It's plain for all to see that Apple want absolutely no part of selling into corporations other than boutique art houses, or any other non-consumer segment other than schools. Yet despite this, Apple publishes a link to a story - on their own Apple "Start" page no less - highlighting the fact that 8 in 10 companies in America have Mac computers in production.


So, which is it - you don't care about corporations, or you're proud of the penetration your products have made into the enterprise space?

If it's the latter, how about actually ramping up an enterprise business unit? You know, with financing and on-site support programs and all the rest, like the other big kids?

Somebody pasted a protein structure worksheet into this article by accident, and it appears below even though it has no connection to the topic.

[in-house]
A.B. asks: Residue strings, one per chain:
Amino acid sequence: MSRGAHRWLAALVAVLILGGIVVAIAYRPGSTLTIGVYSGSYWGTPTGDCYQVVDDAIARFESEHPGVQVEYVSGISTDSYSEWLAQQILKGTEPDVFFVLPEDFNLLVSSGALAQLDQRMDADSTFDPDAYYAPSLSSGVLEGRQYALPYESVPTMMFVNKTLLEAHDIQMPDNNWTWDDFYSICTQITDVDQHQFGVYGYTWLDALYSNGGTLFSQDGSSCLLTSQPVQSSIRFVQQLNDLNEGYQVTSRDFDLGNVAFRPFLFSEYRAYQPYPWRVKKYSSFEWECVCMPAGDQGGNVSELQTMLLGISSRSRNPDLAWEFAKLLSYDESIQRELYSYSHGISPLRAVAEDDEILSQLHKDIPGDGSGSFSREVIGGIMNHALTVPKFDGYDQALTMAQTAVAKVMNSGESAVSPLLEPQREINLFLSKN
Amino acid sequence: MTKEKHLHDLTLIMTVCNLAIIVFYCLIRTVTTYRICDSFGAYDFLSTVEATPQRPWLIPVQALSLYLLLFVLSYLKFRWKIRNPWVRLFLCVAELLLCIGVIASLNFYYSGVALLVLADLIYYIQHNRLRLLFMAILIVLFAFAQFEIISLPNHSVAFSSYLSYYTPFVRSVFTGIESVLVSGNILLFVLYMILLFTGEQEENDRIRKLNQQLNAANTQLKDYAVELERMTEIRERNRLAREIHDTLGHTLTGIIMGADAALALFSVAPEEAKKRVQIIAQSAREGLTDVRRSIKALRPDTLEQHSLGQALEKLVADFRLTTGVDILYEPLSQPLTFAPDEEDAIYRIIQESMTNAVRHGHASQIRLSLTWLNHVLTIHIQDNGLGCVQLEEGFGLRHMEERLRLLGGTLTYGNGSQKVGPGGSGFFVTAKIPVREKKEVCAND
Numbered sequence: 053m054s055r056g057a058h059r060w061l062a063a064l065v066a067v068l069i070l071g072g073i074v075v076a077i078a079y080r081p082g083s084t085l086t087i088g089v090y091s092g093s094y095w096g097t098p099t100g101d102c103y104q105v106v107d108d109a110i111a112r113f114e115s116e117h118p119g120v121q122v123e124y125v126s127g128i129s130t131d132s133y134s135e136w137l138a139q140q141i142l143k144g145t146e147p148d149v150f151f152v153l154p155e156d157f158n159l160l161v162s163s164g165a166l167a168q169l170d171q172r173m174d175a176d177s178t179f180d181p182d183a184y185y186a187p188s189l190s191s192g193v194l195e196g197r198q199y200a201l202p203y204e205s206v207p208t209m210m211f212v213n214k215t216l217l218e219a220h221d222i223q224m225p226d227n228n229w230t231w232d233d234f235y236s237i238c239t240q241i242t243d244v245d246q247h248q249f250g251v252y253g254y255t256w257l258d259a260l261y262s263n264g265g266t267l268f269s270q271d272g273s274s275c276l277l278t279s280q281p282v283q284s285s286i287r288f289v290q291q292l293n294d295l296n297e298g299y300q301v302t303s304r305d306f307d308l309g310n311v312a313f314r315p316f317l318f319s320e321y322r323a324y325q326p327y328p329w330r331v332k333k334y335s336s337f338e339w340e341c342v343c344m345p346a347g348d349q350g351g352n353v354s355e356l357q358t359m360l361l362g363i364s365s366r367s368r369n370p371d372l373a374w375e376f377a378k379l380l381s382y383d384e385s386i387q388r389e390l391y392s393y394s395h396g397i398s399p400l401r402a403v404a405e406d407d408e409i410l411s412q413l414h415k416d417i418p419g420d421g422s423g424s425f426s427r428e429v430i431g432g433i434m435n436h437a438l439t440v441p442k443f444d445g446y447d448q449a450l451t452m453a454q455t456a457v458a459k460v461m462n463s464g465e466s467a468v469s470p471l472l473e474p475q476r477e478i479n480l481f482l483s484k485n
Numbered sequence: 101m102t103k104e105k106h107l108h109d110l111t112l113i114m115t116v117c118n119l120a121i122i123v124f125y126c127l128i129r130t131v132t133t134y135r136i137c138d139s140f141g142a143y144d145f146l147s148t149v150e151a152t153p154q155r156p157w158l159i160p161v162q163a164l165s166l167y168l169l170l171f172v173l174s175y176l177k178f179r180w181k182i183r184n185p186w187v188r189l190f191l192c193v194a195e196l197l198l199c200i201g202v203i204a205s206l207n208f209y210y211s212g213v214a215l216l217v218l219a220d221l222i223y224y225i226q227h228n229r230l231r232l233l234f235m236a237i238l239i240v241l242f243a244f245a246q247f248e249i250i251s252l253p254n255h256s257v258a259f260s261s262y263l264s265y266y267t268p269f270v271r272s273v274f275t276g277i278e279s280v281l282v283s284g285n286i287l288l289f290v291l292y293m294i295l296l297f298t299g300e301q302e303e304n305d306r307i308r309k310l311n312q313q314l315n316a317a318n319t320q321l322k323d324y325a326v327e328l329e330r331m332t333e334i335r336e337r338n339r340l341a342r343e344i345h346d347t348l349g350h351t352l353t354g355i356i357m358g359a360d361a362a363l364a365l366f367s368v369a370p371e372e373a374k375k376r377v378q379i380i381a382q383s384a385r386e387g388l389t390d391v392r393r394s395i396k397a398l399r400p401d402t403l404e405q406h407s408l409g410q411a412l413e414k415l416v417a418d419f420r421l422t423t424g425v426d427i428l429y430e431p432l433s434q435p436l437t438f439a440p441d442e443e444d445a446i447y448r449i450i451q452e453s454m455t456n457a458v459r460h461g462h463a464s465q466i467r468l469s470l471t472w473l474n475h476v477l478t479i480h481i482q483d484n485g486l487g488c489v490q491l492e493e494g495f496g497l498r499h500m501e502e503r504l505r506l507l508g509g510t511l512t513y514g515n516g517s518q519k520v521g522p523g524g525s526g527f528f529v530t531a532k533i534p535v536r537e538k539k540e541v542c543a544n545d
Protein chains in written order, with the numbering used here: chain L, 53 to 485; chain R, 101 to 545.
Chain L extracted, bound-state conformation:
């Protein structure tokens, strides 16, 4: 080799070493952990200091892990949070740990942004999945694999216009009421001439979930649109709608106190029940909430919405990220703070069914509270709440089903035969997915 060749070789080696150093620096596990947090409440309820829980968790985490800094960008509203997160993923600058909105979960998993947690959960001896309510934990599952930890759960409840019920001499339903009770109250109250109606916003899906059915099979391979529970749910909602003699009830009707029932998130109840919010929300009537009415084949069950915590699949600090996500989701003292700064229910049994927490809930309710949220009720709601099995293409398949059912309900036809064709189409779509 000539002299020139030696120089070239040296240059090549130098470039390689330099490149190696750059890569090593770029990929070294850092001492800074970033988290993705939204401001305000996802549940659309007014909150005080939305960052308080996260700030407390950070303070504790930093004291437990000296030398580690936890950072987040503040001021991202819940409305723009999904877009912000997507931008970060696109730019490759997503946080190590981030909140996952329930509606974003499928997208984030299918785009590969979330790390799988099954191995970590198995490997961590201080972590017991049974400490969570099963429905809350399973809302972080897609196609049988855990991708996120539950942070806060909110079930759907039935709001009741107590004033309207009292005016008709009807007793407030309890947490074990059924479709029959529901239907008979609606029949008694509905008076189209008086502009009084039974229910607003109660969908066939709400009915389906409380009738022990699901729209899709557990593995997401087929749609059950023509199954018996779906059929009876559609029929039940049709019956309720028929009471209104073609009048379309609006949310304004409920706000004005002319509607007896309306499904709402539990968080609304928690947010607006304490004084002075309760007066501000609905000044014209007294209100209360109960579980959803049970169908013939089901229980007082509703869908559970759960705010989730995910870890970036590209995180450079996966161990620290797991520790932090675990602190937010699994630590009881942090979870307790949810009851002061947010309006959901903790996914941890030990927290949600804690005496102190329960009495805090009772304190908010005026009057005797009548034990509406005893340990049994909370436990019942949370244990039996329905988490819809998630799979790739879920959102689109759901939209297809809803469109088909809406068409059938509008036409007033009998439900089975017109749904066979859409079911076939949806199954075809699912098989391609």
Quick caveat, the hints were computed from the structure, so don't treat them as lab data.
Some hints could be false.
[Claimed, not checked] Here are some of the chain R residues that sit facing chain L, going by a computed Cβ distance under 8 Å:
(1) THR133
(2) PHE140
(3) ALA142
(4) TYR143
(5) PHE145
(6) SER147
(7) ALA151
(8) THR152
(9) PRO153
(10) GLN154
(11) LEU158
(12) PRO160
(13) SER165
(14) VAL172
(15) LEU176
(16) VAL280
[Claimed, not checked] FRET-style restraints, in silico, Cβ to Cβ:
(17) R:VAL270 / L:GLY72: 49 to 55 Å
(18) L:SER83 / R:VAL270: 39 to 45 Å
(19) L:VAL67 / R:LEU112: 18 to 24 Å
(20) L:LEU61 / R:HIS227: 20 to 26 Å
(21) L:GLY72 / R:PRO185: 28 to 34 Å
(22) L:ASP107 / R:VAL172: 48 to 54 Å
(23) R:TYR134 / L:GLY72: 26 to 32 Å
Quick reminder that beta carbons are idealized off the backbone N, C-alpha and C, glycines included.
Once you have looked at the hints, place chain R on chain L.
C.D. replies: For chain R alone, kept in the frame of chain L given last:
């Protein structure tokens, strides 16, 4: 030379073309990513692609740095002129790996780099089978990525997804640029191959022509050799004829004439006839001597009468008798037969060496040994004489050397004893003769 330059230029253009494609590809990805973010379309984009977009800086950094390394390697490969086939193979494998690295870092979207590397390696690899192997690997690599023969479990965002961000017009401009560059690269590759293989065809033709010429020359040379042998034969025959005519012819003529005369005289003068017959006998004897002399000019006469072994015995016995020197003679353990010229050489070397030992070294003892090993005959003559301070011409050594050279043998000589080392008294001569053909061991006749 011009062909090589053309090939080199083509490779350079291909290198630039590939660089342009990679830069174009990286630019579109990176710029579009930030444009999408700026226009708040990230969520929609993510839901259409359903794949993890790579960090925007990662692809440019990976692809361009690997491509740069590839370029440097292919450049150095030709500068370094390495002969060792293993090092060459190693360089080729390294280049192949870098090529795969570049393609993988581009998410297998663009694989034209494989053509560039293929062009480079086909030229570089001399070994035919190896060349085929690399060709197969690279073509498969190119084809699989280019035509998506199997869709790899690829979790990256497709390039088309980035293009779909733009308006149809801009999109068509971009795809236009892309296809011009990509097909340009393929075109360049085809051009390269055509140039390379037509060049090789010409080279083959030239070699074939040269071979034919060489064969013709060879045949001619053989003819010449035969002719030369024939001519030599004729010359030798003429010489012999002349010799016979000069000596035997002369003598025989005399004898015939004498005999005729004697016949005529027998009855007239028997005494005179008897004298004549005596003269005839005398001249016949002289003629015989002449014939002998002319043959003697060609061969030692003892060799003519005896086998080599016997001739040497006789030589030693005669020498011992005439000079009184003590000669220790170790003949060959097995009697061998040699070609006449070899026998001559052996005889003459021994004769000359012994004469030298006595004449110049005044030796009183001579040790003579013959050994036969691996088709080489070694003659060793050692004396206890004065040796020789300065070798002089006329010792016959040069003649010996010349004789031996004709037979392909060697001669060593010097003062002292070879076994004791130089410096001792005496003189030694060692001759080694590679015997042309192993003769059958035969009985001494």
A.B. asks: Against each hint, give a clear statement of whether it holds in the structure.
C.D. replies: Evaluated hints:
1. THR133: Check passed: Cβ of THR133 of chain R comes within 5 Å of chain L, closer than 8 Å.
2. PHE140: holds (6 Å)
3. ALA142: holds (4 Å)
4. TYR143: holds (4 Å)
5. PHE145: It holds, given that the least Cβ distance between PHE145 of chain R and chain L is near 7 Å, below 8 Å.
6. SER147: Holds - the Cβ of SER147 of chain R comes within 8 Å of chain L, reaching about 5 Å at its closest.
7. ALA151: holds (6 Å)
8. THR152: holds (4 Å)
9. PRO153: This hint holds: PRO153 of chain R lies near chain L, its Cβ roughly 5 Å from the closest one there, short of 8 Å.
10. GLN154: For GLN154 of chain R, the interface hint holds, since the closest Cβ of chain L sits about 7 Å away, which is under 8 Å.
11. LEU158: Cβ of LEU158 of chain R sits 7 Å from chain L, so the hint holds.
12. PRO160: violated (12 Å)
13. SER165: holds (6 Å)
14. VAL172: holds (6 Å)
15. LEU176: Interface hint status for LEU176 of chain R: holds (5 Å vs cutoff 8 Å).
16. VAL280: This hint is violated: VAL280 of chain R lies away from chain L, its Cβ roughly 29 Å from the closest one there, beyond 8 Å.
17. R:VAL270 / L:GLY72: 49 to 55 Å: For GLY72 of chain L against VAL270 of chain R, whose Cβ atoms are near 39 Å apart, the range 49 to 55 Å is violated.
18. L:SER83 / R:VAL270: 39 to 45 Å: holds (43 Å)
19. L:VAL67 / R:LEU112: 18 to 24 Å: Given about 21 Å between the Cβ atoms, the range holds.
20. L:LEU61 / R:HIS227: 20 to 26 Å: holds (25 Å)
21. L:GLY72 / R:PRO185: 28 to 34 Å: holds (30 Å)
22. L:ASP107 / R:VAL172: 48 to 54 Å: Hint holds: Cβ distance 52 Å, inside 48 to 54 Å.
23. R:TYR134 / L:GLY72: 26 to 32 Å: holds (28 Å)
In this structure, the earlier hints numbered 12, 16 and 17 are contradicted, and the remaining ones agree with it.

Apple has done so poorly at speaking to the enterprise, that a group of five companies this week decided they'd do it for them. I love one of the quotes in the story.

"There's an information vacuum that we want to fill," T. Reid Lewis, president of Group Logic, told InformationWeek.

That's for damn sure.

Given that the newest iPhone is touted as having "enterprise" hooks, vis-a-vis integration of sorts with Exchange mail systems (not exactly in-use at many homes), one can hope that Apple's efforts to get into the enterprise will become a bit more purposeful than the X Server or X San. They need only the slightest breath to break the logjam holding Mac computers back from overrunning the enterprise space. That they pay us no attention is becoming less of an interesting quirk, and more of an insult.

Thursday, June 26, 2008

Here It Comes

With a requirement in-hand for a business system that requires Microsoft products on the back-end, we've begun our analysis of a Microsoft-centric technology stack versus the Novell solution we have in place today.